Anemia and Low Lymphocyte Numbers Are Most Common Blood Disorders in Lupus Patients, Study Finds

Anemia and Low Lymphocyte Numbers Are Most Common Blood Disorders in Lupus Patients, Study Finds

Low levels of red blood cells (anemia) and lymphocytes, a type of white blood cell, are the most frequent hematological disorders in patients with systemic lupus erythematosus (SLE), according to a new Turkish study.

The study, “Detailed features of hematological involvement and medication-induced cytopenia in systemic lupus erythematosus patients: single center results of 221 patients,” was published in the European Journal of Rheumatology.

The research was led by Hava Uskudar Teke, from the Division of Rheumatology, Department of Internal Medicine at Eskişehir Osmangazi University in Eskişehir, Turkey.

In most SLE patients, blood-related disorders, including cytopenia (a reduction in the number of blood cells), may be present at the time of diagnosis or develop over the course of the disease. These hematological disorders may be caused by the disease or be medication-related.

Now, scientists assessed the incidence and causes of cytopenia and associated factors at diagnosis or during a follow-up of a cohort of 221 SLE patients, of whom 211 were women. The follow-up period ranged between 1998 and 2015.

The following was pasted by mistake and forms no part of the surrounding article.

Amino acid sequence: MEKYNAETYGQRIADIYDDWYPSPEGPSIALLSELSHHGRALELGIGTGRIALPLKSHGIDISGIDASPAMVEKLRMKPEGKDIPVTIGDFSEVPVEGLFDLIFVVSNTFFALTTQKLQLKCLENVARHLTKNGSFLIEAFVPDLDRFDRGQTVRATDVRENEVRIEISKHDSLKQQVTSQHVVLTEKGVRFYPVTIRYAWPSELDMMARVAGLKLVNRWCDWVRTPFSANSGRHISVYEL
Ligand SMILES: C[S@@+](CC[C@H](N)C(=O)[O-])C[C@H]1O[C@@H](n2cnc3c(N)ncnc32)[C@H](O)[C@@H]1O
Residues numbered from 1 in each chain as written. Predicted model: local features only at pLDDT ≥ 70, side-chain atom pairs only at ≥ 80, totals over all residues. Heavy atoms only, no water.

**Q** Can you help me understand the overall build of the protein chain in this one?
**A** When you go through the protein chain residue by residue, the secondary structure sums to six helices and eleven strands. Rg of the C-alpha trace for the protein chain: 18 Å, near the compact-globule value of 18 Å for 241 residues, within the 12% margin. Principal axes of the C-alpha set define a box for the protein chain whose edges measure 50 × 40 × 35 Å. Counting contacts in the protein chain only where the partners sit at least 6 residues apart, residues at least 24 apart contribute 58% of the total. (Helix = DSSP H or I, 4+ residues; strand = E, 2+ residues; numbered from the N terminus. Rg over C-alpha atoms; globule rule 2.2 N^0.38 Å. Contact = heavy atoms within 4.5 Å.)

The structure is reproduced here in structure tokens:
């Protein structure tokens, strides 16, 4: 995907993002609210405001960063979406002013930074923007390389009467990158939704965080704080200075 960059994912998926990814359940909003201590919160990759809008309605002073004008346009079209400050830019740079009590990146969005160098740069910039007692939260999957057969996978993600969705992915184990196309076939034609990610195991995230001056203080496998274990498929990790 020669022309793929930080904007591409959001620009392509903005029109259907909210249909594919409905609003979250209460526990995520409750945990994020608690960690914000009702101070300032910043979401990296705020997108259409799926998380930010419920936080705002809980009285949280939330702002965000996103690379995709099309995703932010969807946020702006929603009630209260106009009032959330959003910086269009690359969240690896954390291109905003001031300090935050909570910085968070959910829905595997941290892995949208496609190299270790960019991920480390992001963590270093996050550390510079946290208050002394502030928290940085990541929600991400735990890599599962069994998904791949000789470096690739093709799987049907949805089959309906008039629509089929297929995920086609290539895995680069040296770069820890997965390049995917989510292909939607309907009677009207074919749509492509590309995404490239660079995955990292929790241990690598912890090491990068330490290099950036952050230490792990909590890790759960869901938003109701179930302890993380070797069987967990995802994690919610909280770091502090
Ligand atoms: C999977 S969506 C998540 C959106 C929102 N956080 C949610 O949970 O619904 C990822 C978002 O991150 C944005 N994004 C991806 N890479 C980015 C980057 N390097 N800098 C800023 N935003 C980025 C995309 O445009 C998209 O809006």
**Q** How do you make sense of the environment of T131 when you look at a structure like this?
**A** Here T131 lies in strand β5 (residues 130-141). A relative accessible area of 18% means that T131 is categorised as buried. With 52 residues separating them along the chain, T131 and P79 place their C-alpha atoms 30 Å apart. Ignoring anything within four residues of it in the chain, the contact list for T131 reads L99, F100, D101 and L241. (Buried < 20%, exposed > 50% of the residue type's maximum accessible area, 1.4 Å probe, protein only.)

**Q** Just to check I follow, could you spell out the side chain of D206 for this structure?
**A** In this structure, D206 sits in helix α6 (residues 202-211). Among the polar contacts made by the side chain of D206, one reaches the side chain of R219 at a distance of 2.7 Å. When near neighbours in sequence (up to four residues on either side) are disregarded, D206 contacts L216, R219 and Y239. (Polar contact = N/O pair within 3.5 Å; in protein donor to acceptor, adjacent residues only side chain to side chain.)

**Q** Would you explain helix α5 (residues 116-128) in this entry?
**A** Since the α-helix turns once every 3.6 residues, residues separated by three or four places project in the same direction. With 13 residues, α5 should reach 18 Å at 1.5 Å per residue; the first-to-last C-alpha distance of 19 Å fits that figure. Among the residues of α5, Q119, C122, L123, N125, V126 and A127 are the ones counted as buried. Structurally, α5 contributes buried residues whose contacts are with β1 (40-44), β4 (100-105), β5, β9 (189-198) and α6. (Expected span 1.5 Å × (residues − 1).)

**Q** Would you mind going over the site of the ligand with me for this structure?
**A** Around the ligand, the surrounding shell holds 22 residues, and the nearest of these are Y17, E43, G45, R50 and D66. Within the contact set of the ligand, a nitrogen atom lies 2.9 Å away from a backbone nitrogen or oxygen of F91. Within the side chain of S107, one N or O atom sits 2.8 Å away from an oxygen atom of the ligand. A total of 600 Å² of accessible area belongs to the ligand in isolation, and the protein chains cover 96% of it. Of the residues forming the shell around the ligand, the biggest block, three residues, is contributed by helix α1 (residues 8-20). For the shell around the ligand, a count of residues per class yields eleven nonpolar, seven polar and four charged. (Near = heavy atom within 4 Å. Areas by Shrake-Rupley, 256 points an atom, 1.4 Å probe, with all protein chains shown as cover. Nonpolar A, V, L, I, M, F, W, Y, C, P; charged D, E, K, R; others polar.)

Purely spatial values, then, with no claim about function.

Cytopenia was observed in 184 patients (83.3%) at diagnosis. Anemia was detected in 124 (56.1%) patients, leukopenia (decreased white blood cells) in 64 (28.9%), lymphopenia (reduced lymphocytes) in 168 (76%), neutropenia (decreased neutrophils) in 10 patients (4.5%), and thrombocytopenia (low levels of platelets) in 38 patients (17.2%).

The proportion of patients with cumulative cytopenia (including development during the follow-up period) was 90% (199 patients). Cumulative cytopenia was disease-related in 166 patients (83.4%) and medication-related in 33 (16.6%).

In disease-related cytopenia, combinations of corticosteroids with either Imuran (azathioprine) or Cytoxan (cyclophosphamide) were the most used and effective. Imuran was also the most commonly prescribed medication in patients with drug-induced cytopenia.

In patients with cytopenia at the time of diagnosis, erythrocyte sedimentation rates (a test of inflammation) were higher, and C3 and C4 hypocomplementemia (an indicator of immunodeficiency and susceptibility to infections, associated with SLE) were more prevalent.

Also, many of these patients tested positive for antibodies against ds-DNA, a test to diagnose SLE.

Patients with cytopenia at the time of their SLE diagnosis also showed greater photosensitivity, renal involvement, and antiphospholipid syndrome (APS, a condition associated with an increased risk of blood clots).

Of note, the results also revealed no correlation between hematological alterations and other organ involvement, which is contrary to other studies in the literature.

In conclusion, “the most common hematological disorders in SLE patients are lymphopenia and anemia, and patients must be further examined for APS and renal involvement if they suffer cytopenia,” the team wrote.

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